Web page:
Fucoidans are complex bioactive sulfated fucosyl-polysaccharides primarily found in brown macroalgae. Endo-fucoidanases catalyze the specific hydrolysis of α-L-fucosyl linkages in fucoidans and can be utilized to tailor-make fucoidan oligosaccharides and elucidate new structural details of fucoidans. In this study, an endo-α(1,3)-fucoidanase encoding gene, Mef2, from the marine bacterium Muricauda eckloniae, was cloned, and the Mef2 protein was functionally characterized. Based on the primary sequence, Mef2 was suggested to belong to the glycosyl hydrolase family 107 (GH107) in the Carbohydrate Active enZyme database (CAZy). The Mef2 fucoidanase showed maximal activity at pH 8 and 35 °C, although it could tolerate temperatures up to 50 °C. Ca2+ was shown to increase the melting temperature from 38 to 44 °C and was furthermore required for optimal activity of Mef2. The substrate specificity of Mef2 was investigated, and Fourier transform infrared spectroscopy (FTIR) was used to determine the enzymatic activity (Units per μM enzyme: Uf/μM) of Mef2 on two structurally different fucoidans, showing an activity of 1.2 × 10−3 Uf/μM and 3.6 × 10−3 Uf/μM on fucoidans from Fucus evanescens and Saccharina latissima, respectively. Interestingly, Mef2 was identified as the first described fucoidanase active on fucoidans from S. latissima. The fucoidan oligosaccharides released by Mef2 consisted of a backbone of α(1,3)-linked fucosyl residues with unique and novel α(1,4)-linked fucosyl branches, not previously identified in fucoidans from S. latissima.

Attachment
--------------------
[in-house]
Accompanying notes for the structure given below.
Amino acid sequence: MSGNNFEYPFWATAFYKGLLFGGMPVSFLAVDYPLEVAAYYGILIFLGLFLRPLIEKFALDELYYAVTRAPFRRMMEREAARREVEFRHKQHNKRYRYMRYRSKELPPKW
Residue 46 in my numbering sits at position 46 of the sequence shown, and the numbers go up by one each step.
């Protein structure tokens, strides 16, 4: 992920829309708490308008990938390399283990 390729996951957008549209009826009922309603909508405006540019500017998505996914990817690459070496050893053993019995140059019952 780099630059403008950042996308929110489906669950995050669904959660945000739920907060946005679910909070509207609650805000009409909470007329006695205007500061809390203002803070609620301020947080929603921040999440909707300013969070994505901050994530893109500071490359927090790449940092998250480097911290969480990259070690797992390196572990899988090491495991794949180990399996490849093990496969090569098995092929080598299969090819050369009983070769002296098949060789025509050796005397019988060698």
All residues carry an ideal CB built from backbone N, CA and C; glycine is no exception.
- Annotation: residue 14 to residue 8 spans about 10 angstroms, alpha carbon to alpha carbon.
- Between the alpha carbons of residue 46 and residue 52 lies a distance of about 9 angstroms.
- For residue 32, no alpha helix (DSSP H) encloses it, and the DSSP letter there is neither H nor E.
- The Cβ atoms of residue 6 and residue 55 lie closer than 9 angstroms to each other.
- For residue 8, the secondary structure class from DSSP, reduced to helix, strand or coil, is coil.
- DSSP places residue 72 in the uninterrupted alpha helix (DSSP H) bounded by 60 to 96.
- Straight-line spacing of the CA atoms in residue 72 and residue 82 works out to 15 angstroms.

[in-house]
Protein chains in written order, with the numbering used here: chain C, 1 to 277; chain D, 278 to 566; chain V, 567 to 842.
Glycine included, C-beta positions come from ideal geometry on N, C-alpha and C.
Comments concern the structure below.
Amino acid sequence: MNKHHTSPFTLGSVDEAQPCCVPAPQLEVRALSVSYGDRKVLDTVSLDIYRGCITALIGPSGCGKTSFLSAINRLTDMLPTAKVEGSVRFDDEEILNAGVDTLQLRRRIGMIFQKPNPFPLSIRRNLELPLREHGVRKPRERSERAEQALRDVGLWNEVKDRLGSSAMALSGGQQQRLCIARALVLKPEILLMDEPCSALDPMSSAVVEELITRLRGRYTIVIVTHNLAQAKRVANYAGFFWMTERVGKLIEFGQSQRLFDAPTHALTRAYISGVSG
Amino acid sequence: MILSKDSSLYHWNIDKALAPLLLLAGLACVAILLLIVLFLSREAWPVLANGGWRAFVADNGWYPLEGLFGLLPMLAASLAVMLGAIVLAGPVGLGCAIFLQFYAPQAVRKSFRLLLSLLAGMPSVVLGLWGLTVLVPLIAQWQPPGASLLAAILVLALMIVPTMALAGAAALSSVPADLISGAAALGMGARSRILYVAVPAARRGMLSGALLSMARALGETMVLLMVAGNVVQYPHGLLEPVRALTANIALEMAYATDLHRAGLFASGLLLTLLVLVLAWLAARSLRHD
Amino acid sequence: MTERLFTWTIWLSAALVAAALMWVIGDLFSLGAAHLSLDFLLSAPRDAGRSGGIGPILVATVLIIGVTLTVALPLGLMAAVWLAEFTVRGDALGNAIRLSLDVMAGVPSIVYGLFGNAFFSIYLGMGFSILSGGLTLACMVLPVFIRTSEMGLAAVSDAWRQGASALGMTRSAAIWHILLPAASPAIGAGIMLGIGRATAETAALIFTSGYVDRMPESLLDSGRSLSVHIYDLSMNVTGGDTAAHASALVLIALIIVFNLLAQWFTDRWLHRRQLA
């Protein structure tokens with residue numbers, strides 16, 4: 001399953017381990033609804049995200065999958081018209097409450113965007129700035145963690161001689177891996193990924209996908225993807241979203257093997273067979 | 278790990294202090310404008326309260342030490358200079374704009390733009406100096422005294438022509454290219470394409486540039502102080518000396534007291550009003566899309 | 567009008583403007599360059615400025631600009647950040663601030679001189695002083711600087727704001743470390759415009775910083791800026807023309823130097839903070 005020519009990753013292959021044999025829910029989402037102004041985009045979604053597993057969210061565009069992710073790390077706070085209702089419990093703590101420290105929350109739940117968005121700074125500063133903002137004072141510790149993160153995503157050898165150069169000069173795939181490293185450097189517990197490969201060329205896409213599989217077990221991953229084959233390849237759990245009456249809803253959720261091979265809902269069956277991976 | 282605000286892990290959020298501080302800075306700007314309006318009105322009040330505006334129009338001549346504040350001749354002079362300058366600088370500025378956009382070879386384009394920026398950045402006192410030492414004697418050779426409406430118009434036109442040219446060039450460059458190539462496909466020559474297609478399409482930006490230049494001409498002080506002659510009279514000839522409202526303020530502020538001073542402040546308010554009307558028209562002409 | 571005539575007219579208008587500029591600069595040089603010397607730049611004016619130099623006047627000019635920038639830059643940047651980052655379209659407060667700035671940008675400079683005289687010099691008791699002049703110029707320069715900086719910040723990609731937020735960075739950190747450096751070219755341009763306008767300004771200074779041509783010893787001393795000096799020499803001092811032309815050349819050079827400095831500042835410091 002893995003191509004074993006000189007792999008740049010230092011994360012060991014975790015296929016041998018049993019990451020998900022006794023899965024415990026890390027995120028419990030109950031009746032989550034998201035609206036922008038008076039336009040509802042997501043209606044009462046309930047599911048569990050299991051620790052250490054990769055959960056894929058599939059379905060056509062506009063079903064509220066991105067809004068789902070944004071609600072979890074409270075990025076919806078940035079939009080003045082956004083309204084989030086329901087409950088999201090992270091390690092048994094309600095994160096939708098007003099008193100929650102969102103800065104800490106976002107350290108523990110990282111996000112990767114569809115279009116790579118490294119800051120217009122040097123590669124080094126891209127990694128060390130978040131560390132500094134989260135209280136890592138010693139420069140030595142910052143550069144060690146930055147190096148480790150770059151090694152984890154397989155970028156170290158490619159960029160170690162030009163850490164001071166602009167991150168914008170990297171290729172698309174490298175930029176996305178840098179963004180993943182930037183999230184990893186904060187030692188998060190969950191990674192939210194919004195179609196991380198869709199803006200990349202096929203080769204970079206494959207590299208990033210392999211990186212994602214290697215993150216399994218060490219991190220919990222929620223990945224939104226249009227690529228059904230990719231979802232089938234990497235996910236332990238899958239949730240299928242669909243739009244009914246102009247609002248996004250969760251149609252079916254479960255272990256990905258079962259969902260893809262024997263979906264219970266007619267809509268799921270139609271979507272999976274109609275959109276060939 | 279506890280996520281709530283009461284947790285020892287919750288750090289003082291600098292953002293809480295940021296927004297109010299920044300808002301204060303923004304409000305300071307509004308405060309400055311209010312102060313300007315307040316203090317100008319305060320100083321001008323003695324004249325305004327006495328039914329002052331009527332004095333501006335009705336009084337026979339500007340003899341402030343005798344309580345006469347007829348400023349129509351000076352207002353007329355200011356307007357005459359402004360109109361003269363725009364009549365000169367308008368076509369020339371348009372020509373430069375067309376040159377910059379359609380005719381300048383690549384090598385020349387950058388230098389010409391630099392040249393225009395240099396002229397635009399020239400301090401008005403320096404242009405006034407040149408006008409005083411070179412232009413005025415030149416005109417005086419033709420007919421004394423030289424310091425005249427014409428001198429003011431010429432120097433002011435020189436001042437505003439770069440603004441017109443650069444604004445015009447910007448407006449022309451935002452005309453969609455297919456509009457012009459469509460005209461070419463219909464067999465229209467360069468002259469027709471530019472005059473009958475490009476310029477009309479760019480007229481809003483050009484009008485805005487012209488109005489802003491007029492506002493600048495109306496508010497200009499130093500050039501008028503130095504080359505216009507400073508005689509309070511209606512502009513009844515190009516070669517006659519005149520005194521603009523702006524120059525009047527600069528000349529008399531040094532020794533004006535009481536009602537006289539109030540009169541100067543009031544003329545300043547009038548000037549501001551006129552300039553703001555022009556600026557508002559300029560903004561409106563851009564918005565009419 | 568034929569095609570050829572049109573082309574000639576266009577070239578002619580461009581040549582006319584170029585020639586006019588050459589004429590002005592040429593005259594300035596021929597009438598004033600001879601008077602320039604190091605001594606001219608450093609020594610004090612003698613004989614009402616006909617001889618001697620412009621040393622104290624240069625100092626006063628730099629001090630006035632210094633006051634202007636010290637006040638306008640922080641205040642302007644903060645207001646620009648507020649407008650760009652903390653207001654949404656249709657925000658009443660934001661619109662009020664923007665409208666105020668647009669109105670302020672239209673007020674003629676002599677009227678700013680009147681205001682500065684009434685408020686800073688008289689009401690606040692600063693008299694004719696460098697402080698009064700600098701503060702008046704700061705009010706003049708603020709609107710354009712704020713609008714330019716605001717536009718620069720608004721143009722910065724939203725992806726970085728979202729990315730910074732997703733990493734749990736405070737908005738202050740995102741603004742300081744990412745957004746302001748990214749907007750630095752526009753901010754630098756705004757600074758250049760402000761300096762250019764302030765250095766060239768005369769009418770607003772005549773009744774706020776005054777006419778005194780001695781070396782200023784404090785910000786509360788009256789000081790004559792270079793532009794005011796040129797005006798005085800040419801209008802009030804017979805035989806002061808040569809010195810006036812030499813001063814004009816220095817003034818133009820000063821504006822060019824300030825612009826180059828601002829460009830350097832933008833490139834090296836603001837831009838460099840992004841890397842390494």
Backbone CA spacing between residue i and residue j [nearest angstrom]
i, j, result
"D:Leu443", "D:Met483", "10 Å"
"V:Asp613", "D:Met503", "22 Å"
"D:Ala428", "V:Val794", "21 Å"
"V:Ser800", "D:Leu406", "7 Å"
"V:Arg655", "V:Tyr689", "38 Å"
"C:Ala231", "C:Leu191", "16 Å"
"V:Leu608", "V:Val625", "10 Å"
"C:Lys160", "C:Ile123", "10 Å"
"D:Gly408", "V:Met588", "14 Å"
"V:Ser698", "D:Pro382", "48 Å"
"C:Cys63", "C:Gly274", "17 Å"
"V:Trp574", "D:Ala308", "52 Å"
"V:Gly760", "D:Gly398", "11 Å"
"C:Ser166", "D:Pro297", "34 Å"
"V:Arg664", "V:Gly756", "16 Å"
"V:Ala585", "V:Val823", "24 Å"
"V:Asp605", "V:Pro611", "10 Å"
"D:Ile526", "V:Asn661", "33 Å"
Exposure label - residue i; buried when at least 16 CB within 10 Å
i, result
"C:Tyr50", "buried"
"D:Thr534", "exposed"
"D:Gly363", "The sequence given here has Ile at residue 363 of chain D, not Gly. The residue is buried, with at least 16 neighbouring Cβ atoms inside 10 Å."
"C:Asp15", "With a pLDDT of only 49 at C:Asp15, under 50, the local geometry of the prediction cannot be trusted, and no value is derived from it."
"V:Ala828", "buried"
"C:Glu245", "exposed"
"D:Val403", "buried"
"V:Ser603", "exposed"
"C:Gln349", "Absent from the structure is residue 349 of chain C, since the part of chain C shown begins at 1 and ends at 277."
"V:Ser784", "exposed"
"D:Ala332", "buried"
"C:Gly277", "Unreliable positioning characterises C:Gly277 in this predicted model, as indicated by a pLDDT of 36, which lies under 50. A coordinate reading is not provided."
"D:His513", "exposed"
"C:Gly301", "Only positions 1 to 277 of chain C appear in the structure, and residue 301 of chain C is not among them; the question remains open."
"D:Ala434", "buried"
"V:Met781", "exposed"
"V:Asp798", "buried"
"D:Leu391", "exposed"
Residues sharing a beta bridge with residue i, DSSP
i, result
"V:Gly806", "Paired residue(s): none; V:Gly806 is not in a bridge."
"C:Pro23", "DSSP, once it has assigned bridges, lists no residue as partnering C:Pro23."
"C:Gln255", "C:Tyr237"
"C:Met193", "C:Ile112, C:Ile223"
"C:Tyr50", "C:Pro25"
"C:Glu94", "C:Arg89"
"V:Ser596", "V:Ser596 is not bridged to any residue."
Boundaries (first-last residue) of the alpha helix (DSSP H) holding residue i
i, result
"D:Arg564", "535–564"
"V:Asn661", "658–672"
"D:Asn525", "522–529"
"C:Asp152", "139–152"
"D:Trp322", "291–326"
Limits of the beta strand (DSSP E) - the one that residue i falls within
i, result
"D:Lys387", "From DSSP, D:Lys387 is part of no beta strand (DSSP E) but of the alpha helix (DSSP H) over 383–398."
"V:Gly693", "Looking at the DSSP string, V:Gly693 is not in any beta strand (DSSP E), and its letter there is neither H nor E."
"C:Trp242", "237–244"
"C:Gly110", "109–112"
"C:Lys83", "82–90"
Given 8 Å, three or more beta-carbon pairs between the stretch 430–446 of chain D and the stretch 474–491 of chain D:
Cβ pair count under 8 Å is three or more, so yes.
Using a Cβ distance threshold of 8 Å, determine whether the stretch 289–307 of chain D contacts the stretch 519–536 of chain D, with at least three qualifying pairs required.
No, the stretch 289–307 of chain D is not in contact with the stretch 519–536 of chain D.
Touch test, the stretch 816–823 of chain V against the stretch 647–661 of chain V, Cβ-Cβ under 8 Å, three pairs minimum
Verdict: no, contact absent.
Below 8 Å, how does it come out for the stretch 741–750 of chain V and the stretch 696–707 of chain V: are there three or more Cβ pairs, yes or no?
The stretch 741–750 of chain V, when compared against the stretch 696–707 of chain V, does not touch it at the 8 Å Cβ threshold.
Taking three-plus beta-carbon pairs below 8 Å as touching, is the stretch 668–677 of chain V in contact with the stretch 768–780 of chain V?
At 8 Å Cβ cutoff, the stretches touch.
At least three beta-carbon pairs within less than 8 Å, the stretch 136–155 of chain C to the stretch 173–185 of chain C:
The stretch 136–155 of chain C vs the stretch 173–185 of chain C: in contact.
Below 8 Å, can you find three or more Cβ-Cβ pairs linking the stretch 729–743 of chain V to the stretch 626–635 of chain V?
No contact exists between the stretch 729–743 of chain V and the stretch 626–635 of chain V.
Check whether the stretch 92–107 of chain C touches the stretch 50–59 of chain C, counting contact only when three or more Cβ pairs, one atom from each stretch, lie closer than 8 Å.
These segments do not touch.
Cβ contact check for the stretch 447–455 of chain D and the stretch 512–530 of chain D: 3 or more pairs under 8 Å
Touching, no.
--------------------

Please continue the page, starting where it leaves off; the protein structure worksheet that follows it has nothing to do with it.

- Endo-α-1,3 fucoidanase
- Fourier transform infrared spectroscopy (FTIR)
- Sulfated ogliosaccharide
- Saccharina latissima
- Glycosyl hydrolase